Visakhapatnam Collector V. Vinay Chand informed the Chief Minister that the danger at the plant had subsided as the temperature of the styrene gas had been brought to relatively cool 73 degrees Celsius. “Around 13,000 tonnes of gas stored in tanks is intact and it is being loaded into two vessels. The process will be completed in around five days,” he said.

Ministers M. Srinivasa Rao and Botcha Satyanarayana said ex gratia was paid to the five bereaved families whose legal heirs were finalised and the remaining ones would get the solatium in the coming days. Sanitisation of the villages in the vicinity of the factory has almost been completed, they said.

Mr. Reddy instructed the officials to pay ₹10,000 to each resident of the five affected villages irrespective of their age and credit it to the unencumbered bank accounts of the women in those families.

During lockdown, they venture deep into the forest and collect a record 1,800 kg of wild honey

Tough work: Tribesmen usually get close to beehives and scare the worker bees away using torches.Special Arrangement

It was bumper harvest time in Kerala’s Vazhachal forest during the lockdown, as tribesmen brought home record quantities of wild honey.

Around 300 tribesmen, confined to their hamlets, harvested 1,800 kg of wild honey, which is double of what they collected last year. In 2018, they could collect only 670 kg.

Tedious process

The harvest season, from April to May, saw them traverse the deep forest in batches of six or seven people.

“It is on tall trees in the deep forest that bees usually form hives. We enter the forest in the morning hours to spot beehives and return home in the evening. The harvest, a tedious process, starts only the next evening,” said Kochugovindan of Vazhachal colony.

Armed with torches and plastic ropes, the groups approach trees by sunset when the worker bees return.

Steps are made on trees by driving bamboo spikes into the wood, to climb up. The expert members of the groups who get close to the beehive scare the worker bees away using torches and collect the honeycombs in containers. Honey collectors are paid ₹450 a kg at the processing centre run by the Vana Samrakshana Samiti. After processing and packing, the Samiti sells the product at ₹650 a kg. The profit from the retail sale is given to the collectors as bonus during Onam, said S.V. Vinod, Divisional Forest Officer, Vazhachal.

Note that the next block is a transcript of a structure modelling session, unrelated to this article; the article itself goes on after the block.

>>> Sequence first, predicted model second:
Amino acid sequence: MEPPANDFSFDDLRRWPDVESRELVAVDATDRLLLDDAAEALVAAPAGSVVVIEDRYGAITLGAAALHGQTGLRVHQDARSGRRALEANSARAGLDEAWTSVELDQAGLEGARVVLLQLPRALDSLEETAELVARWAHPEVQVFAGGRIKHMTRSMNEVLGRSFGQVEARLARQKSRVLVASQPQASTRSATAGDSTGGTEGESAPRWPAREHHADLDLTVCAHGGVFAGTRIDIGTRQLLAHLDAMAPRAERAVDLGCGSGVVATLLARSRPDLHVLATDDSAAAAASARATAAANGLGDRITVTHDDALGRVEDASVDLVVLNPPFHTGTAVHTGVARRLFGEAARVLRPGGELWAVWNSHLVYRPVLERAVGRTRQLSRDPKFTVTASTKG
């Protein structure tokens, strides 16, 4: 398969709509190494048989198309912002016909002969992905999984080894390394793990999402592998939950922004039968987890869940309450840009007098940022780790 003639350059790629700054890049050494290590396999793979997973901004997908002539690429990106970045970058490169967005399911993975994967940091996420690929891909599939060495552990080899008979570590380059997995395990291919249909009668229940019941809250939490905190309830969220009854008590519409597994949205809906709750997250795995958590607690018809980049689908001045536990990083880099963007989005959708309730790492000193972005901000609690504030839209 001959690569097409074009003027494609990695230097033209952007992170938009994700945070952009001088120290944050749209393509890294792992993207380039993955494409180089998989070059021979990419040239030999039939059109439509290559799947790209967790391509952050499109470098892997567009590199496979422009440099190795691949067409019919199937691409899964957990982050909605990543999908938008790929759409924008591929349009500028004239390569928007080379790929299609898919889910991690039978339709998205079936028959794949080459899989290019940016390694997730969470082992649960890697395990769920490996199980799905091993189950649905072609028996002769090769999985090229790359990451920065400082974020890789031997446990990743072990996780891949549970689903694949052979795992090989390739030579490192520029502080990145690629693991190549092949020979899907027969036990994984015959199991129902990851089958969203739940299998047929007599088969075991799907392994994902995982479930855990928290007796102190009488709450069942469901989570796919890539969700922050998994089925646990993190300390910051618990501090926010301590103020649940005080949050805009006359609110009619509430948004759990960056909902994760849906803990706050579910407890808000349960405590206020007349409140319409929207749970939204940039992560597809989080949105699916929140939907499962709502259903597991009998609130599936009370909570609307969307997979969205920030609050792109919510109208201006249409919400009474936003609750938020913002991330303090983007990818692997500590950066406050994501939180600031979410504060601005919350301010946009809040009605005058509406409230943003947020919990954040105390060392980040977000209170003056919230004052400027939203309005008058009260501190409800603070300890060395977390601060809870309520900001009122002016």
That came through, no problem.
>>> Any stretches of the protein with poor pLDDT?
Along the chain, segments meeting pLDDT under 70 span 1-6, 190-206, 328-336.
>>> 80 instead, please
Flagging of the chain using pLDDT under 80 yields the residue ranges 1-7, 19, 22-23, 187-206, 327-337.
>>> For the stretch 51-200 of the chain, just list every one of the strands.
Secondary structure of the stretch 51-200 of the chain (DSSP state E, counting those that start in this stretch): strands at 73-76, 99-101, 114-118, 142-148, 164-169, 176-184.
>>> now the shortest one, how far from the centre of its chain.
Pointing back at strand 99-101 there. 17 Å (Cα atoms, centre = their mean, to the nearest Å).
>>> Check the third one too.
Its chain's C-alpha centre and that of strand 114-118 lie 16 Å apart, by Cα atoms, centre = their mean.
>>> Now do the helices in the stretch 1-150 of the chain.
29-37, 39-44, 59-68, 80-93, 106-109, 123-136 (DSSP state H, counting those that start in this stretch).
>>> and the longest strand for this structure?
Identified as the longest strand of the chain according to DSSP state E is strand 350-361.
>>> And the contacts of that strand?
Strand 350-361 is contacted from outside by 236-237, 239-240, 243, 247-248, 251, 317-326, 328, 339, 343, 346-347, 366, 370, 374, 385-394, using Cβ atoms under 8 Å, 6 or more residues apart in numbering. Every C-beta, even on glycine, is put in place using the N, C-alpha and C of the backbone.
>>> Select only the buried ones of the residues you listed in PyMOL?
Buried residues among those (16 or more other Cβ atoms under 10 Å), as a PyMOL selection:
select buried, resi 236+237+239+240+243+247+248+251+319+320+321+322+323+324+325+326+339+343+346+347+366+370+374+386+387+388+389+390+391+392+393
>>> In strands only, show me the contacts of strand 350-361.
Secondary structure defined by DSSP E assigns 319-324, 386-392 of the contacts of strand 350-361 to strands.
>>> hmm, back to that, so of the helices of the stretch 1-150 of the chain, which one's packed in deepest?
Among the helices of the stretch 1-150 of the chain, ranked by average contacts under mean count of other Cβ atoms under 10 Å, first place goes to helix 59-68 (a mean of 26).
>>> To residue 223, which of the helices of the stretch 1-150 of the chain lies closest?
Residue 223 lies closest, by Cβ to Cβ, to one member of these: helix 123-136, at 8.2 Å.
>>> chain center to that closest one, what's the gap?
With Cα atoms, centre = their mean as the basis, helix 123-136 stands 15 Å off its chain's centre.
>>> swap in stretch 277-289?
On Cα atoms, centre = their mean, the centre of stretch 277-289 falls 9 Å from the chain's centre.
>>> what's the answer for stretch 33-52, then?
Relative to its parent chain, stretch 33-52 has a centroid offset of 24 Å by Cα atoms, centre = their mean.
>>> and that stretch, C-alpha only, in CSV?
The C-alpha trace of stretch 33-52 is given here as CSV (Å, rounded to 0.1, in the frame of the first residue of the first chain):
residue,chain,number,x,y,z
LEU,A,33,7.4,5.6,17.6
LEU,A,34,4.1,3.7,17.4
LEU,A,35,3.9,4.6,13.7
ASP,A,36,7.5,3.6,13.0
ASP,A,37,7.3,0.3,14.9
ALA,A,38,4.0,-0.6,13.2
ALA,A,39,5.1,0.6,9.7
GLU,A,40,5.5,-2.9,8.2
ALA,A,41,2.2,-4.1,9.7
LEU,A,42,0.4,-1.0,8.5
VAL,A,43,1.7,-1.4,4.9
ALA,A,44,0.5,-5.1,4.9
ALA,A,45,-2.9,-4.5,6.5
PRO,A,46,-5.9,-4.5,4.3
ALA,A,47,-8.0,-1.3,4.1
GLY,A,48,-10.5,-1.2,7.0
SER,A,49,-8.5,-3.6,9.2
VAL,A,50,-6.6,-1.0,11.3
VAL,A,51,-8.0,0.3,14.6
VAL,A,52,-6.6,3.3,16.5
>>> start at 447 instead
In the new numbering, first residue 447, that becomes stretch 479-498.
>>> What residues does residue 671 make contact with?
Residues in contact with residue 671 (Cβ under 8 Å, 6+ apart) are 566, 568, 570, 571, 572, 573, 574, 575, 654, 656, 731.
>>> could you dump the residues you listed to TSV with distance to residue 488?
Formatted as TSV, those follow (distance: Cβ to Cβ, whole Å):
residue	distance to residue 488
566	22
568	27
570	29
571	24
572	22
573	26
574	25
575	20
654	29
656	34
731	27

Honeybees usually form hives on tall trees like Thanni and Ilavu, which grow to 30 metres, said Nithin Lal, Range Officer, Sholayar.

“When the harvest takes long, the groups stay in the forest till dawn. One needs to be cautious while venturing into the deep forest and staying there due to the risk of wild animal attacks,” said Mr. Kochugovindan. Men from nine tribal settlements went for honey harvesting as the lockdown denied them other employment.

Principal Scientific Adviser says 30 ‘attempts’ on in the country, which is participating in global efforts

K. VijayRaghavan

There are nearly 30 “attempts” from India to develop vaccines, K .VijayRaghavan, Principal Scientific Adviser to the Union government, said at an online web conference on Friday.

“There are over a 100 vaccines being developed worldwide and at least 30 attempts in India. These include efforts where India is participating in global attempts and partnerships among Indian academia and industry,” he said during the webinar organised by the Confederation for Indian Industry (CII) and the Technology Development Board of the Department of Science and Technology (DST).

NIV initiative

On Saturday, the Indian Council for Medical Research (ICMR) announced a collaboration with the Hyderabad-based Bharat Biotech International Ltd. to develop a potential vaccine based on a SARS-CoV-2 strain isolated at the ICMR-National Institute of Virology in Pune.

The Pune-based Serum Institute of India has tied up with Oxford University that is testing a vaccine using a weakened adenovirus (which causes common cold). Early trials have already been conducted, and the Serum Institute has said it is ready to start an initial run of production in June, without waiting for clearer results of the vaccine’s efficacy.

Bharat Biotech is also involved in two other vaccine development projects with different groups.

Test kits

At the webinar, Ashutosh Sharma, Secretary, DST, said a major thrust was to develop antibody tests that would help with a graded exit out of the lockdown.

“Lots of professors and heads of institutes from the IITs [Indian Institutes of Technology] ask me how can we reopen colleges and hostels. Having effective testing kits will be useful in taking decisions such as these,” he said.

On Saturday, the Health Ministry announced the development of an ELISA antibody test kit that would help in district-level sero-surveillance. This is a cruder but cheaper way of checking a sample of the population to determine exposure to the virus.